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SAHD blogs - the new form of newsletters/journals?


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Over in a discussion about the Dear Abby for SAHDs, mlady asked:

Do all these SAHD blogs poping up just appeal to other SAHD bloggers? I don't get the appeal or the need for so many. This isn't a JOB but I get the feeling they see it as such, which makes the whole not having a "real job" thing even more weird. You can be a SAHD while working and impacting the world in a positive way can you not? Sitting at home just is a waste of life IMO. Unless they are all so backwards from homeschooling they couldn't get/keep a real job if they tried. I have no clue.

There's a homeschooled fundie I've been in casual internet contact with for many years, and she used to edit a Young Christian Maiden-type magazine - a photocopied-at-Kinkos sort of deal. She gave it up before she met her now-husband, but she married in her late twenties, so I think she was running it well into her twenties - at least eight years. She had a few hundred subscribers; this wasn't a fly-by-night idea for her local homeschool group.

I remember her once commenting that there were a *lot* of these in the homeschool movement for a while, all edited/run by young women. And YLCF also started in this way - there was a club of two cousins, but then when this expanded, there were newsletters.

Teenaged girls have different ways to create identity, but when you're fundie and homeschooled, this has to be done within pretty narrow lines. So I suspect that, at least in part, the blogs are taking the outreach role previously taken by hand-photocopied journals. It's also a way to channel creativity and energy and entrepreneurship into something that's approved of, and of course it isn't a 'job' because you can do it at home and give it up when your Shining Prince comes a-knocking on Daddy's door. Calling them 'ministries' helps them to be seen as 'promoting my Christian faith and bringing other young women to Jesus' rather than 'personal self-expression'.

Anyone else have thoughts on this?

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I think there's definitely an element of that. When I was still in the fundie reformed world, I was a bit of an outlier because I wasn't homeschooled (our church was huge at the time and dominated the small locality's school board so all of the lucky residents of my county got education that was somewhat fundie-approved - story for another day). However, we had some homeschoolers in church and the folks 2-3 years behind me on down were almost all homeschooled.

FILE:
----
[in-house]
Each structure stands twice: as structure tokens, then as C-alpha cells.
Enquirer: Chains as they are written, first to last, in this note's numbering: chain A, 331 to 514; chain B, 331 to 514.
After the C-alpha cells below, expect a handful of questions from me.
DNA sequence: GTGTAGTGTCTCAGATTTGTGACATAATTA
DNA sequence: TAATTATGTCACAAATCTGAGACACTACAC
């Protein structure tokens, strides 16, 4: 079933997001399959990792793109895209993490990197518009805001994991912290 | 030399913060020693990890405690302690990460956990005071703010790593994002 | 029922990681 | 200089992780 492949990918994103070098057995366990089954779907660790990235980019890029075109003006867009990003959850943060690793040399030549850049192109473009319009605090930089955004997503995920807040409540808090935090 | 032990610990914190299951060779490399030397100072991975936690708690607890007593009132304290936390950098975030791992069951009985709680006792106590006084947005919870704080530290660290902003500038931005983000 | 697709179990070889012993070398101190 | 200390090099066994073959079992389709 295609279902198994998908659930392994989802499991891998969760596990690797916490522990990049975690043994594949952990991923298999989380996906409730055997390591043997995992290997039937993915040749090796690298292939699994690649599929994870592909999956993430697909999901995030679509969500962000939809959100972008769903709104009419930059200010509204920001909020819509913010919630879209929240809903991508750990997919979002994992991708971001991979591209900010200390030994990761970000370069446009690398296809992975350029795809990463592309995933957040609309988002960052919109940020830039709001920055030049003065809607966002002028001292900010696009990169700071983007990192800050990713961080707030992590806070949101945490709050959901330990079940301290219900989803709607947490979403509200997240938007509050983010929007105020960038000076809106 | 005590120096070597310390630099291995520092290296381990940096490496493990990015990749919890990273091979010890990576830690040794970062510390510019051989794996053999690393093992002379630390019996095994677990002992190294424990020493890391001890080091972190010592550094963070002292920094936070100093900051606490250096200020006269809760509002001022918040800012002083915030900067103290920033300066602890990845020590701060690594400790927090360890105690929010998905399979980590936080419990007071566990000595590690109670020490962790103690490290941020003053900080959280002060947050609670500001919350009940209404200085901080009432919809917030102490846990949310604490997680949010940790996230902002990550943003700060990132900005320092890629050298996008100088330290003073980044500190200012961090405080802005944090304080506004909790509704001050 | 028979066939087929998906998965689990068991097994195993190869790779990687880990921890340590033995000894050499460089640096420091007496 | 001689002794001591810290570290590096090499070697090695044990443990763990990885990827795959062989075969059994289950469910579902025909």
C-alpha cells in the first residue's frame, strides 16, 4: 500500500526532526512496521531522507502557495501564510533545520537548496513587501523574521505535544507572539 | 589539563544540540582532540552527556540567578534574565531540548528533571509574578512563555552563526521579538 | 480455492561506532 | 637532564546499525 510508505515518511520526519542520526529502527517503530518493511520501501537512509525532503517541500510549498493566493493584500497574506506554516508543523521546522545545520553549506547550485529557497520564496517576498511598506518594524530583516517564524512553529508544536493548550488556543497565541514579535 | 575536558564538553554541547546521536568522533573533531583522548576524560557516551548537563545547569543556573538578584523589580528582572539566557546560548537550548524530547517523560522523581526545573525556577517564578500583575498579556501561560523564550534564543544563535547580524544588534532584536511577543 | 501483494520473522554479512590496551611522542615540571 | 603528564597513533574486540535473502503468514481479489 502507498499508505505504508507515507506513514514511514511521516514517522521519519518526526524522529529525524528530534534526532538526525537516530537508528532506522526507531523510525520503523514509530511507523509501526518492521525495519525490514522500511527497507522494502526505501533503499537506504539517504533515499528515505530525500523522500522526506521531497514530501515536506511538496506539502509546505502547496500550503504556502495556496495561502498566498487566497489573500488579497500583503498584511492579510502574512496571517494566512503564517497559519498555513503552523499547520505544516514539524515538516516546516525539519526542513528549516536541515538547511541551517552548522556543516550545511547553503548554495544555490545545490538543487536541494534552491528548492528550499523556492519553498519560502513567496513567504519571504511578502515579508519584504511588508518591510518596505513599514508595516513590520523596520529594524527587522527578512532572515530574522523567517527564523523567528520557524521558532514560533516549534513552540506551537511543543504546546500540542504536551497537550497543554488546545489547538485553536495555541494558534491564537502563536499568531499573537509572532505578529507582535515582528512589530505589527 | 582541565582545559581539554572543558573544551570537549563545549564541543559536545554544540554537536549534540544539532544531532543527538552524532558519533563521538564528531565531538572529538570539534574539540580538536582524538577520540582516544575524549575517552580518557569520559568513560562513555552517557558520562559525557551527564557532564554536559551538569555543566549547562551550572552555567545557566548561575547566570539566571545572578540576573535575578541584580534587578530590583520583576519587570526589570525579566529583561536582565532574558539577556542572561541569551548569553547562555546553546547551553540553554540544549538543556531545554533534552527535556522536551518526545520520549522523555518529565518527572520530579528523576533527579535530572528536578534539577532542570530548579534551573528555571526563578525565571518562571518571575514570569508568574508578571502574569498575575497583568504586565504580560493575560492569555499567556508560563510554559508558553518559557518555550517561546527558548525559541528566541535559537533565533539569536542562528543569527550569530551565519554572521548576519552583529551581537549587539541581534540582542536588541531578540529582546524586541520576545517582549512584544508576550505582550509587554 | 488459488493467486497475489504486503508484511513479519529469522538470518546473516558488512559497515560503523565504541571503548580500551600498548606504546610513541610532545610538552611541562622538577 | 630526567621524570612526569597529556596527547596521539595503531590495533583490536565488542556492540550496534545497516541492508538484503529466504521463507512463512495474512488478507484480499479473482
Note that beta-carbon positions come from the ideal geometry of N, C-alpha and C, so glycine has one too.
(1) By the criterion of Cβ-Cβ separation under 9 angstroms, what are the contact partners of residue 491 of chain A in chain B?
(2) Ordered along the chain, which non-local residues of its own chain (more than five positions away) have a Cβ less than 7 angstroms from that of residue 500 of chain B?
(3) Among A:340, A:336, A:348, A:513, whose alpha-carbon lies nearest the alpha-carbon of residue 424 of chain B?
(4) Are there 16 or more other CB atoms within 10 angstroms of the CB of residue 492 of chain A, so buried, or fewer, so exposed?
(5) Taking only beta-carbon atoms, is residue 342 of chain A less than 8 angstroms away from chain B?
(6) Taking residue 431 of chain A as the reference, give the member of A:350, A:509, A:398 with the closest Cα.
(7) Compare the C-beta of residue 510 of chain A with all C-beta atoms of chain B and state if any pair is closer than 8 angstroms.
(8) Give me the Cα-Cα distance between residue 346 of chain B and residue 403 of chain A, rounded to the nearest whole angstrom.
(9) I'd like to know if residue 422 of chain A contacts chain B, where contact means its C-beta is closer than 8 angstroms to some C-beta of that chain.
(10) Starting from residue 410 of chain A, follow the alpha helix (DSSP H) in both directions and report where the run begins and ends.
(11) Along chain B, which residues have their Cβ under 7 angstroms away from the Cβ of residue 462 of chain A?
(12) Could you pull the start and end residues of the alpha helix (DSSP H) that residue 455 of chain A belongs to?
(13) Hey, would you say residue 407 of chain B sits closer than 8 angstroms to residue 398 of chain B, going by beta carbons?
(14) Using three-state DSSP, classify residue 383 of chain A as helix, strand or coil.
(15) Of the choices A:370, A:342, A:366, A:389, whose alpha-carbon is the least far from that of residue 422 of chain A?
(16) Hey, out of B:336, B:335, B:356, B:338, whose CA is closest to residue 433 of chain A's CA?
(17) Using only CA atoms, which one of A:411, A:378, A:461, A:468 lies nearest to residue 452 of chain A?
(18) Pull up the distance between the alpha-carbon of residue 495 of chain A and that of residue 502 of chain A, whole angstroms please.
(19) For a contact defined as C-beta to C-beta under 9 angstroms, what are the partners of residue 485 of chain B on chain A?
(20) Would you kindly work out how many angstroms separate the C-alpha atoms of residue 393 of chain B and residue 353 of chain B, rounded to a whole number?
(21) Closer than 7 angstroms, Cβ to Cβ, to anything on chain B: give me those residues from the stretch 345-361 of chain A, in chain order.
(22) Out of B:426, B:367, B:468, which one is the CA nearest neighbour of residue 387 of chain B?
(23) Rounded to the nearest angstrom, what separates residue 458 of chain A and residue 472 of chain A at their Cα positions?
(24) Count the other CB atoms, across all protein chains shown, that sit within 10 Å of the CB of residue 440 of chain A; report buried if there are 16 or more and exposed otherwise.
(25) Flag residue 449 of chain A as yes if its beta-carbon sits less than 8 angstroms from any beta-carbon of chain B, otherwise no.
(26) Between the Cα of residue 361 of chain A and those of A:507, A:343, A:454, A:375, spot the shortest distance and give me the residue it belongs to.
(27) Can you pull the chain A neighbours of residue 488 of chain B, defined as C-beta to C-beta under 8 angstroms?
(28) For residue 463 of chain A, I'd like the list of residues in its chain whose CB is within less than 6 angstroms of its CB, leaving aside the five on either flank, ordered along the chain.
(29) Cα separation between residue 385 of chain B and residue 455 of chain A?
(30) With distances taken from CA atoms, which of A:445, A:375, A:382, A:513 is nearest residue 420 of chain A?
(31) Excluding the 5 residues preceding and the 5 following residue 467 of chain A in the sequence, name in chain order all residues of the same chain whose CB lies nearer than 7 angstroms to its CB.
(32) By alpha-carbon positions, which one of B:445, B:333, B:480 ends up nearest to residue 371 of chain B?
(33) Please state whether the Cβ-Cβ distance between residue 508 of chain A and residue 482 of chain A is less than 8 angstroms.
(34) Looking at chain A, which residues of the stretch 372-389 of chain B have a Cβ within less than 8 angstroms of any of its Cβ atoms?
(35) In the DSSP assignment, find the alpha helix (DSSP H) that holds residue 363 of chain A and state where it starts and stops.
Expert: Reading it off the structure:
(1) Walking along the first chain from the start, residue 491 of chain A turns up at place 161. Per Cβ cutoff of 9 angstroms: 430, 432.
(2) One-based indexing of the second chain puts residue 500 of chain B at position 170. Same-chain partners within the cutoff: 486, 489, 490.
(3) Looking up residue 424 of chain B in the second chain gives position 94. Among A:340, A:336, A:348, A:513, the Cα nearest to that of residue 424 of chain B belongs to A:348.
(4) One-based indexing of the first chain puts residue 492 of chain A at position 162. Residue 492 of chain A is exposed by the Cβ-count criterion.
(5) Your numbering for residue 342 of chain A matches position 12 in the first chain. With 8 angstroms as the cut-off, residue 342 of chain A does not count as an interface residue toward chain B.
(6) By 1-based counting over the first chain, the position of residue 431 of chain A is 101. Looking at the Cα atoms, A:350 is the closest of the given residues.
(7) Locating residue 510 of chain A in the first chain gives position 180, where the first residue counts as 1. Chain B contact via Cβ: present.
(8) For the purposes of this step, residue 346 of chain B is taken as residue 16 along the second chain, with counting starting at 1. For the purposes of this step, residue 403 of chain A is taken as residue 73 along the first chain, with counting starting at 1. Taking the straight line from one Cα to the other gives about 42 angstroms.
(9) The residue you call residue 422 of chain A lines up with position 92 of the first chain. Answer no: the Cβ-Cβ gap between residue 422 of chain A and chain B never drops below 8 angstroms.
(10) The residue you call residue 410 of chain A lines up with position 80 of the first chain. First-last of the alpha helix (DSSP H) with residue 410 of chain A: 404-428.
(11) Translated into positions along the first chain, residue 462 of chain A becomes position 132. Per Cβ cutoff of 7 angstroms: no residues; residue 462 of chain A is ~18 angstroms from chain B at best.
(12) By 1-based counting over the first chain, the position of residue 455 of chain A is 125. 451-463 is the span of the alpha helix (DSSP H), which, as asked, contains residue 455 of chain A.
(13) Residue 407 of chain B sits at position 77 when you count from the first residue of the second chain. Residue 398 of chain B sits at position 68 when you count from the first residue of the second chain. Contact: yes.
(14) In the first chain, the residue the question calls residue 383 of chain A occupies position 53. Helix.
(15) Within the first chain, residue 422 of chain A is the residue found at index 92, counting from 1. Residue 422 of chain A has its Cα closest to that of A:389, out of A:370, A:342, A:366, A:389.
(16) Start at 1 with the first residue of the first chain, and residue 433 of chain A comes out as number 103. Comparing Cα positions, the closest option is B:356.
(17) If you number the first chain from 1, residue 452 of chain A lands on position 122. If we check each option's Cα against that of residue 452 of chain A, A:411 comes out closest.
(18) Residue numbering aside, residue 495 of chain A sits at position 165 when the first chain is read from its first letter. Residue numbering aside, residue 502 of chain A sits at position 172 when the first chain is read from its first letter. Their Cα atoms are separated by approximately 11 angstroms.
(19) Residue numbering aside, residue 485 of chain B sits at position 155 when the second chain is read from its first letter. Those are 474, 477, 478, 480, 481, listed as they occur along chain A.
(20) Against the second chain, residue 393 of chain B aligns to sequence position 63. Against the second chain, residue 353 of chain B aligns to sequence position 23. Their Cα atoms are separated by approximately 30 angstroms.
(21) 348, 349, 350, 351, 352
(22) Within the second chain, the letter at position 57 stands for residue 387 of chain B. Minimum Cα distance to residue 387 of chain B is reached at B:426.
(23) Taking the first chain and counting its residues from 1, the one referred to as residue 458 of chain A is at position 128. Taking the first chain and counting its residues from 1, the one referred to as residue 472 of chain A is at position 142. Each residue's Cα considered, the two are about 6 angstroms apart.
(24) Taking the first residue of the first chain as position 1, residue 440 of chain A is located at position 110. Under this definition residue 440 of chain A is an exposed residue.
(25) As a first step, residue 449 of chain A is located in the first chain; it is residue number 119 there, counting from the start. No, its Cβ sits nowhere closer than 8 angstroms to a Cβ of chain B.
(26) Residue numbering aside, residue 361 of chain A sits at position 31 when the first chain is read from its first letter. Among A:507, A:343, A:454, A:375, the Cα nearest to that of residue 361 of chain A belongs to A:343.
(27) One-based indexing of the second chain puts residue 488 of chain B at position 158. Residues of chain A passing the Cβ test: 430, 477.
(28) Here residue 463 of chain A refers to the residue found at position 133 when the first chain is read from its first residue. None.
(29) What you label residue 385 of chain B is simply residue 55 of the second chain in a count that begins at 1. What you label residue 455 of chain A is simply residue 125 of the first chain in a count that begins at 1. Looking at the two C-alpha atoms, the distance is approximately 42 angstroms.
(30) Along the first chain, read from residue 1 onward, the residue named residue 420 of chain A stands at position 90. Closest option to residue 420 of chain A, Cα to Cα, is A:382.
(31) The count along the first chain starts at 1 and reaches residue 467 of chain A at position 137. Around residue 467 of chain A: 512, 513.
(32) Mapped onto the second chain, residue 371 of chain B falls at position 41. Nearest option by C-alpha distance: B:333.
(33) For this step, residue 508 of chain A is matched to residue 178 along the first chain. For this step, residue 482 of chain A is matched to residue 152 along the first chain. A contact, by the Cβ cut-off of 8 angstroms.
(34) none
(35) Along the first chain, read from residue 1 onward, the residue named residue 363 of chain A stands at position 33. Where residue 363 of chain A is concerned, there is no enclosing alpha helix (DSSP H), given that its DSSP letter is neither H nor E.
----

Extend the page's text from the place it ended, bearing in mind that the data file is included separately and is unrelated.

The SAHD movement was still very much a fringe thing at the time (1990s) but a lot of the young women, to show off their proper fundie-dom, were into email loops online and as time went on, I saw those loops evolve into blog "ministries." Part of it is a young fundie women's community builder but part of it is really to show off these women for prospective suitors.

One thing that I think most folks don't realize is that the fundiest of the fundie are a bit out of step even within their own conservative churches, so their main hope of marriage or of parent-approved community is going to lie outside their own home churches. After all, the average fundie family, even the more middle-class/upper-middle class ones, may homeschool but they're not all speakers and activists. For instance, I don't know either of the Chanceys directly but I know some folks who knew Jennie Chancey back in her early 20s and from what I know, she comes from a conservative church and even in that environment, her family is even more conservative than what would be the norm in that group.

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This is really interesting, since zines were one of the big things for feminists during the riot grrl period. It makes sense, in a way, that somewhat uncommon/isolated opinions use these means to communicate and build solidarity but I still find it interesting. Given how isolated fundies, especially SAHDs, often are, I imagine these communities help combat loneliness.

I also think this would appeal to SAHDs/SAHMs given the amount of freaking crafting that goes with those communities. I decided to try and make a scrapbook for my study abroad once and, damn, ALL those blogs seem to be SAHMs. e-crafting and ezines seem to be a logical continuation of these ideas. They can be, in fact, cheaper than traditional means, since there isn't any photocopying and mailing involved and finding free webhosting is simple

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